How Rome’s rescheduling significantly impacts clay court draws

Rome’s Italian Open has put out a series of new regulations, which will vastly impact the draws both there and at Roland Garros. Here’s how.

The Italian Open in Rome has undergone a few major changes today. The Masters 1000 Series (a Premier 5 equivalent for the WTA) has announced that:

  1. Main draw action will begin September 14th (instead of the 20th)
  2. The men’s field will be expanded from 64 players to a larger number
  3. US Open semifinalists will get an automatic bye in the tournament

This news came shortly after the announcement that all players coming from the US Open will not need to quarantine in Rome, therefore guaranteeing they’ll have enough preparation time for the shift from hard courts to clay. The last four in the US Open will get a bye, meaning they won’t play until September 16th at the earliest.

Rafael Nadal of Spain poses for photographers after winning against Novak Djokovic of Serbia during their ATP Masters tournament final tennis match at the Foro Italico in Rome on May 19, 2019. (Photo by Filippo MONTEFORTE / AFP) (Photo credit should read FILIPPO MONTEFORTE/AFP via Getty Images)

This is a great addition to the tournament given that a top-tier draw is one of their main goals for this year. US Open semifinalists will compete on August 11th and the finalists on the 13th; in the event that the top four leave New York on the 12th and the 14th, respectively, it gives them anywhere from two-four days at minimum to adequately adjust to jet lag and the surface change.

The National Council of Ministers will allow for any player and their team to enter Rome without needed quarantine (even those traveling from previously prohibited countries) as long as everyone has had negative COVID-19 test results in the last 48 hours. The ATP, WTA, and US Open all use the nasopharyngeal swab (nose swab) testing method for players; it will be the only method allowed for players planning to enter Rome.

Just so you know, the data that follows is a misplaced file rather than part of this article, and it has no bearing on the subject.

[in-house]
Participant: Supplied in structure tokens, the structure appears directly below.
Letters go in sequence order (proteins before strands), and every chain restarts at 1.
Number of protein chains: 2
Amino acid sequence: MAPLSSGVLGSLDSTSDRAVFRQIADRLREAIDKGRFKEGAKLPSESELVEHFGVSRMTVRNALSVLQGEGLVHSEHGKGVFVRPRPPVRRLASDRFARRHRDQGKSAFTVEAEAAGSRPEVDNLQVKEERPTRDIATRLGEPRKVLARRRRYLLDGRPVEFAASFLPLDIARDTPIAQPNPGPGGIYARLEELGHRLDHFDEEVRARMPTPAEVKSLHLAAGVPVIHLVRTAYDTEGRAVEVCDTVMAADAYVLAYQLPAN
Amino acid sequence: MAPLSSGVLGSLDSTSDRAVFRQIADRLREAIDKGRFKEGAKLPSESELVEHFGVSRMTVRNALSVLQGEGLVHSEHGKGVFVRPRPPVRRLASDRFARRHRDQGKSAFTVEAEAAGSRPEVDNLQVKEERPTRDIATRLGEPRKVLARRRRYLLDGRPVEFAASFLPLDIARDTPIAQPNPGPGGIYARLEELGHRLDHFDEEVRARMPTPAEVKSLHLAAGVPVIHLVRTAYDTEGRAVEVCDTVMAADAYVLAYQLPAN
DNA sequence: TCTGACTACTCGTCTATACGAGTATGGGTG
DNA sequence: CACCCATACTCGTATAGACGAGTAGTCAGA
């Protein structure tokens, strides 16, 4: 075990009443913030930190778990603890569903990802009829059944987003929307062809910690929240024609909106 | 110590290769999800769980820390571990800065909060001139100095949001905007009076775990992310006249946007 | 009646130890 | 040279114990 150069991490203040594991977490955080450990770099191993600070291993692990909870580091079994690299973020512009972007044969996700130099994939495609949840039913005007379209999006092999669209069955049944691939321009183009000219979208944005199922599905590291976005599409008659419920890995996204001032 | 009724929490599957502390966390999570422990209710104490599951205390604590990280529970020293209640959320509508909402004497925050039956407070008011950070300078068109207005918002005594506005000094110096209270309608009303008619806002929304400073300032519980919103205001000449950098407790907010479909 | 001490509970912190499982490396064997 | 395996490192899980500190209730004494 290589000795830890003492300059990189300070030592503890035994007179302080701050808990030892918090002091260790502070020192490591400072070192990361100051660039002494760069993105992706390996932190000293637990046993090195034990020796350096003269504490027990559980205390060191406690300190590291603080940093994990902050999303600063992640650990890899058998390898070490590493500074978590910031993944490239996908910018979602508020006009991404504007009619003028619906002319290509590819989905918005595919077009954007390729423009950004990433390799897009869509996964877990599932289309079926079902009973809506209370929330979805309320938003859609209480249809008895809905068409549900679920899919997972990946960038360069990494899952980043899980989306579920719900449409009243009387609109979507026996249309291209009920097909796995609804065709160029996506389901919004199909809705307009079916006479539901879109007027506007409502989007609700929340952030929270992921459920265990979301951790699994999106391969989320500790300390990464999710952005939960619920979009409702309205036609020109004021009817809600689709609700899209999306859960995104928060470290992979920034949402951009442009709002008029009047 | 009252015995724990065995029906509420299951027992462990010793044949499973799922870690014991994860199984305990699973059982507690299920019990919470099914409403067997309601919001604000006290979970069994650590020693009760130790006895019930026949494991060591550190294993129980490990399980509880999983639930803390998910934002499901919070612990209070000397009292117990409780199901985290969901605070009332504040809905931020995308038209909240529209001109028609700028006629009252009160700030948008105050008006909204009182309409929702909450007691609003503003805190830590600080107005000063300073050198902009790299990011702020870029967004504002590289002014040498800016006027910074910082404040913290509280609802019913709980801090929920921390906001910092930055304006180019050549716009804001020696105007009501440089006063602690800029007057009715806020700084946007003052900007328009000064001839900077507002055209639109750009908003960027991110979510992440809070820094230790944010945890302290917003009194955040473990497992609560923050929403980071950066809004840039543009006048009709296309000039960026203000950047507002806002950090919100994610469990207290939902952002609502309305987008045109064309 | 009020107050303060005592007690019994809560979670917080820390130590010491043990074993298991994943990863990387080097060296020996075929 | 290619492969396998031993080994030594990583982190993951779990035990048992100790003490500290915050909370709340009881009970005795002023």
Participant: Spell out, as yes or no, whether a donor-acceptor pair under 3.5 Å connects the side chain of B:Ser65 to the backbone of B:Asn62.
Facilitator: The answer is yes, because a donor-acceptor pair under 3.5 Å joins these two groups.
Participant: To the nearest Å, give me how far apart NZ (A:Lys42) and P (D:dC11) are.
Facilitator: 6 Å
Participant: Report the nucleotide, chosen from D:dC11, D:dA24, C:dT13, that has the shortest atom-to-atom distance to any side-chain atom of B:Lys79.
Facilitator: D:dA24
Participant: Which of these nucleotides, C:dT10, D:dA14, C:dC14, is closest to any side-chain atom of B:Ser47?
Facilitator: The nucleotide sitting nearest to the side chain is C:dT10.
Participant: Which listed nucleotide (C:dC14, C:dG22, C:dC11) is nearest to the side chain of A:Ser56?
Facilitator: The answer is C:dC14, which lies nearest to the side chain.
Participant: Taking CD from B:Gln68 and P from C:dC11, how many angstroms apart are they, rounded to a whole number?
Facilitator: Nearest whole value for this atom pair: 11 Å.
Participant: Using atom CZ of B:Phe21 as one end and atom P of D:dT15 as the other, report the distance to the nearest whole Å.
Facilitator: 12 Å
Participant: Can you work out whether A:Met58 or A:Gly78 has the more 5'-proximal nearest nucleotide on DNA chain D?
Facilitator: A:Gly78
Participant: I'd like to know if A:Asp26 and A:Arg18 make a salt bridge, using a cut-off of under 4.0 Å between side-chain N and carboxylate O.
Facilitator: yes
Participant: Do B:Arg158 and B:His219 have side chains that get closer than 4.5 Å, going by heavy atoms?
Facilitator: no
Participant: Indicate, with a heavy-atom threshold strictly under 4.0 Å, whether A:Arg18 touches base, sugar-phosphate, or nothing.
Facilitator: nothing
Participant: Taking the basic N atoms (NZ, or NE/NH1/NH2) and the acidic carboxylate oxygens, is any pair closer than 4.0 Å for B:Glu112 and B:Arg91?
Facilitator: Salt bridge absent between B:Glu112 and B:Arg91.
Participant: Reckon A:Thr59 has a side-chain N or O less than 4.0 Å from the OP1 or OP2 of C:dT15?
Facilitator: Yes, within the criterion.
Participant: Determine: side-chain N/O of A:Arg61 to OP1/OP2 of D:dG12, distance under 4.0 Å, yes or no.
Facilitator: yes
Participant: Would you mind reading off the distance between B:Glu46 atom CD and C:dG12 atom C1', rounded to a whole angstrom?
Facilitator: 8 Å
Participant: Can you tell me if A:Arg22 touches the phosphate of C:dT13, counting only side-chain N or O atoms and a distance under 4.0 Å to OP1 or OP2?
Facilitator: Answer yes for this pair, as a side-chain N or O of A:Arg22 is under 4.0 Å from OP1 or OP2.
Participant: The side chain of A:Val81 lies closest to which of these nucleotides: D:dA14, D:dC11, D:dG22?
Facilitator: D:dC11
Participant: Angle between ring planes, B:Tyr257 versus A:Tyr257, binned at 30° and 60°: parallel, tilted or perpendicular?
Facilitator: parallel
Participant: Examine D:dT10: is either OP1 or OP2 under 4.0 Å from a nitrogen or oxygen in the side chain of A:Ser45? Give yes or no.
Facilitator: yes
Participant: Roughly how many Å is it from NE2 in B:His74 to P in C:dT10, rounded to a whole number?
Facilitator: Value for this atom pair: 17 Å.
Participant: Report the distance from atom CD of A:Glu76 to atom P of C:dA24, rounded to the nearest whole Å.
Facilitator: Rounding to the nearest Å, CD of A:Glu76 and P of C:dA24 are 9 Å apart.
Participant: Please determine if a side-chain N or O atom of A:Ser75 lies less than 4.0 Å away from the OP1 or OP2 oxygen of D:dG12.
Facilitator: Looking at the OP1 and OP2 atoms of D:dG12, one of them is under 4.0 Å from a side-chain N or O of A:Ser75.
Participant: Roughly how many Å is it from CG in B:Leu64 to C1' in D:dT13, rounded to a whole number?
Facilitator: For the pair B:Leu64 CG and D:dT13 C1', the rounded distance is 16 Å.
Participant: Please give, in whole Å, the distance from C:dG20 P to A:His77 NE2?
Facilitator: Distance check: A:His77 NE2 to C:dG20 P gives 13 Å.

The only caveat is that, given the short amount of time in between the US Open and the start of the Italian Open, players will likely have to organize testing for themselves.

“We are prepared,” said Rome tournament director, Sergio Palmieri.  “Players who play in the United States will undergo a coronavirus test 48 hours before arriving, then in Italy, they will immediately have another one and will go immediately to their hotel until they obtain the result. If it is negative they will be able to play.”

The new regulations in place will certainly allow for a loaded draw. It’s likely that, apart from the few injuries, the field will be just as loaded as any pre-virus event. The overwhelming majority of those skipping the US Open opted for the clay swing instead, and now that the quarantine laws in Rome have been relaxed, almost all of the rest of the game’s best will swiftly travel over from the US in order to make their marks on the clay-court events in Rome and Paris.

Next: Andreescu's shocking withdrawal adds to shrinking US Open list

The Masters 1000 Series in Rome now begins September 14th as the first clay event after the shutdown. Next week’s Western & Southern Open (beginning August 20th) will be the ATP’s first official tournament held since March.

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